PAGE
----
The FBI and DNC disagree on whether the FBI requested access to the DNC’s servers. Former FBI director James B. Comey testified to the Senate Intelligence Committee that the bureau made “multiple requests at different levels” to access the servers, but the DNC said the FBI never requested access. The DNC had CrowdStrike analyze its network and share findings with the FBI, which Comey called an acceptable substitute.

Cybersecurity expert Thomas Rid told the Post that “handing over the server” as Trump described could have destroyed evidence.

Thomas P. Bossert, Trump’s first homeland security adviser, said Sept. 29 that the president has been told the story is “completely debunked.” “The DNC server and that conspiracy theory has got to go,” Bossert said on ABC’s “This Week.” “If he continues to focus on that white whale, it’s going to bring him down.”

But Trump won’t let it go. It is one of those lies that demonstrate his reckless disregard for the truth, which has led him to make more than 13,435 false or misleading statements, many of them repeated on multiple occasions, as of Oct. 9, according to the Post’s Fact Checkers.. That’s an average of almost 22 false claims daily this past fall.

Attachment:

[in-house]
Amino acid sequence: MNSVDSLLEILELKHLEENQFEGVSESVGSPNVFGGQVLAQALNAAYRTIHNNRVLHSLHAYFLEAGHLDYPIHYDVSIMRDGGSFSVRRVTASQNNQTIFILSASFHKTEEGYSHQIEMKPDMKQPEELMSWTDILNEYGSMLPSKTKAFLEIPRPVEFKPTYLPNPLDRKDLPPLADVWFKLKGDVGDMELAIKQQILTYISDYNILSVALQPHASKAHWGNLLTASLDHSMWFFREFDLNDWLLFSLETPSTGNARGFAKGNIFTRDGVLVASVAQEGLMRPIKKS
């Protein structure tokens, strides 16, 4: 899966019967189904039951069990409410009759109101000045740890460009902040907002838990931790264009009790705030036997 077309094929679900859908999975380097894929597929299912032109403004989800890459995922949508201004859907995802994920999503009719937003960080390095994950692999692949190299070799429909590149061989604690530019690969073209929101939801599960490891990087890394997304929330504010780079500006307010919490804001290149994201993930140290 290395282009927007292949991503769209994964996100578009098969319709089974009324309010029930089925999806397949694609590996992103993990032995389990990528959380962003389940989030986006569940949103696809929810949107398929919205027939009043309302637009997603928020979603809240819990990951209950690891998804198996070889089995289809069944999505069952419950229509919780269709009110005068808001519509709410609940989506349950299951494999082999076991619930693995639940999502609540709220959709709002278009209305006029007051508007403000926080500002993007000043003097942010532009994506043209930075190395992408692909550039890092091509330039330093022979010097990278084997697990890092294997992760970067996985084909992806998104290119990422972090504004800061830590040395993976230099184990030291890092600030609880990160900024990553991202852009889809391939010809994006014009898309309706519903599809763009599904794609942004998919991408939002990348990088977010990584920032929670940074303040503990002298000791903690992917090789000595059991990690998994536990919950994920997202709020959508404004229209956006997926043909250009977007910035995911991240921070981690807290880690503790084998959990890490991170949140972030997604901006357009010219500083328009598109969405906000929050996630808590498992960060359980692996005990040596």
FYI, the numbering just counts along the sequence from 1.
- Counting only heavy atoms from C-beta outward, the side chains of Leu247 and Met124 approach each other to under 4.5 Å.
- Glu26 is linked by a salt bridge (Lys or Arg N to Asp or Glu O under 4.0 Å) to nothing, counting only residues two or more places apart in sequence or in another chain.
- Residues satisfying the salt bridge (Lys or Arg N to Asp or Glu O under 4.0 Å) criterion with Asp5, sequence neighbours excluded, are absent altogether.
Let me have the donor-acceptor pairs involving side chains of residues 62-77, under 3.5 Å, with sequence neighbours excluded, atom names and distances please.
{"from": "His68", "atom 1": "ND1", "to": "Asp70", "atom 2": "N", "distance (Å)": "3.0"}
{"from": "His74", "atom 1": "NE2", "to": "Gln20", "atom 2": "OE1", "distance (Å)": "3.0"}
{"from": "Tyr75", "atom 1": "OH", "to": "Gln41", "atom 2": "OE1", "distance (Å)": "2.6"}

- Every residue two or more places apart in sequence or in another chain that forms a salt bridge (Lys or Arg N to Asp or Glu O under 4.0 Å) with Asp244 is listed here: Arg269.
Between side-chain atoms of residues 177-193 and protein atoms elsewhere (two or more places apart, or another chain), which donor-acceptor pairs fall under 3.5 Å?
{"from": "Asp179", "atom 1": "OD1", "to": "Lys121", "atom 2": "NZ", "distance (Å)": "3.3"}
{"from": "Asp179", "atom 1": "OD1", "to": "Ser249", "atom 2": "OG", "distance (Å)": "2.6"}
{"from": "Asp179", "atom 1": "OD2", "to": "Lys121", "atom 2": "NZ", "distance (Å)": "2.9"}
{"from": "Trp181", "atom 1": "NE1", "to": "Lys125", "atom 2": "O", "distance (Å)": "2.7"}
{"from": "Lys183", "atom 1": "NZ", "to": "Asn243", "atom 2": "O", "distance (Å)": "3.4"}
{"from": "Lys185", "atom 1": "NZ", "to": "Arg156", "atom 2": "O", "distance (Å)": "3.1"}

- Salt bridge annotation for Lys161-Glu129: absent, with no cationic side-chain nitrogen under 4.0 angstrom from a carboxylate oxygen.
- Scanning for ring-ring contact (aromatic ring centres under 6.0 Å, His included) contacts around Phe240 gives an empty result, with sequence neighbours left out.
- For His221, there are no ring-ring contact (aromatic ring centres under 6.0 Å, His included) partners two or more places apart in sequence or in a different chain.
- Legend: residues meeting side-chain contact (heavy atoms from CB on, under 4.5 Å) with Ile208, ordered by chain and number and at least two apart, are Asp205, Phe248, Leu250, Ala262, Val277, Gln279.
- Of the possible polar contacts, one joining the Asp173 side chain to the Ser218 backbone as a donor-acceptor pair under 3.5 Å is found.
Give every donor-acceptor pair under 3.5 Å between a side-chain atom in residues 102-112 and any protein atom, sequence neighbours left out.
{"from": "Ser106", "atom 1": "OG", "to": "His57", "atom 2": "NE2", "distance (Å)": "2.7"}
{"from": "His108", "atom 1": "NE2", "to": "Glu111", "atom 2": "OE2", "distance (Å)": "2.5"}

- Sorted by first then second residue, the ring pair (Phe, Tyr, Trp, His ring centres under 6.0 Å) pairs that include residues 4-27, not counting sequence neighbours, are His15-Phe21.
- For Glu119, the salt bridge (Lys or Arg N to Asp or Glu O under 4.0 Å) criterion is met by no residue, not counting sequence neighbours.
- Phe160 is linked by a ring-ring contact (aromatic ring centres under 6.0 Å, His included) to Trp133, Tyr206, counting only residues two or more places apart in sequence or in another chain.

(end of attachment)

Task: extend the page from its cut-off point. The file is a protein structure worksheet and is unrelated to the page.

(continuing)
Some Republicans are resorting to the fallback position that what Trump did may be wrong, but it does not call for his impeachment and removal from office. However, extortion is a form of bribery, which is specifically mentioned in the Constitution as an impeachable crime.

And there are plenty of other impeachable acts the House can list in the Articles of Impeachment. Among them are various efforts to obstruct justice, detailed in Robert Mueller’s report, as well as his obstruction of the oversight role of Congress.

Lawyers for the House of Representatives accused Trump of trying to “obstruct his own impeachment” by claiming the authority to block his advisers from cooperating with congressional investigations. The House Judiciary Committee is trying to secure testimony from former White House Counsel Don McGahn, as he testified in special counsel Mueller’s investigation, which laid out 10 instances of apparent obstruction of justice.

The House’s lawyers cited the current top White House counsel’s declaration that the Trump administration would refuse all cooperation with the House’s impeachment inquiry, calling it “illegitimate” and “invalid.” Trump directed McGahn not to comply, claiming his former senior advisers have “absolute immunity” from testifying before Congress.

On Nov. 25, a US District Judge Ketanji Brown Jackson disagreed and ordered McGahn to comply with the subpoena, ruling that “no one is above the law,” but the decision was expected to be appealed by the Department of Justice.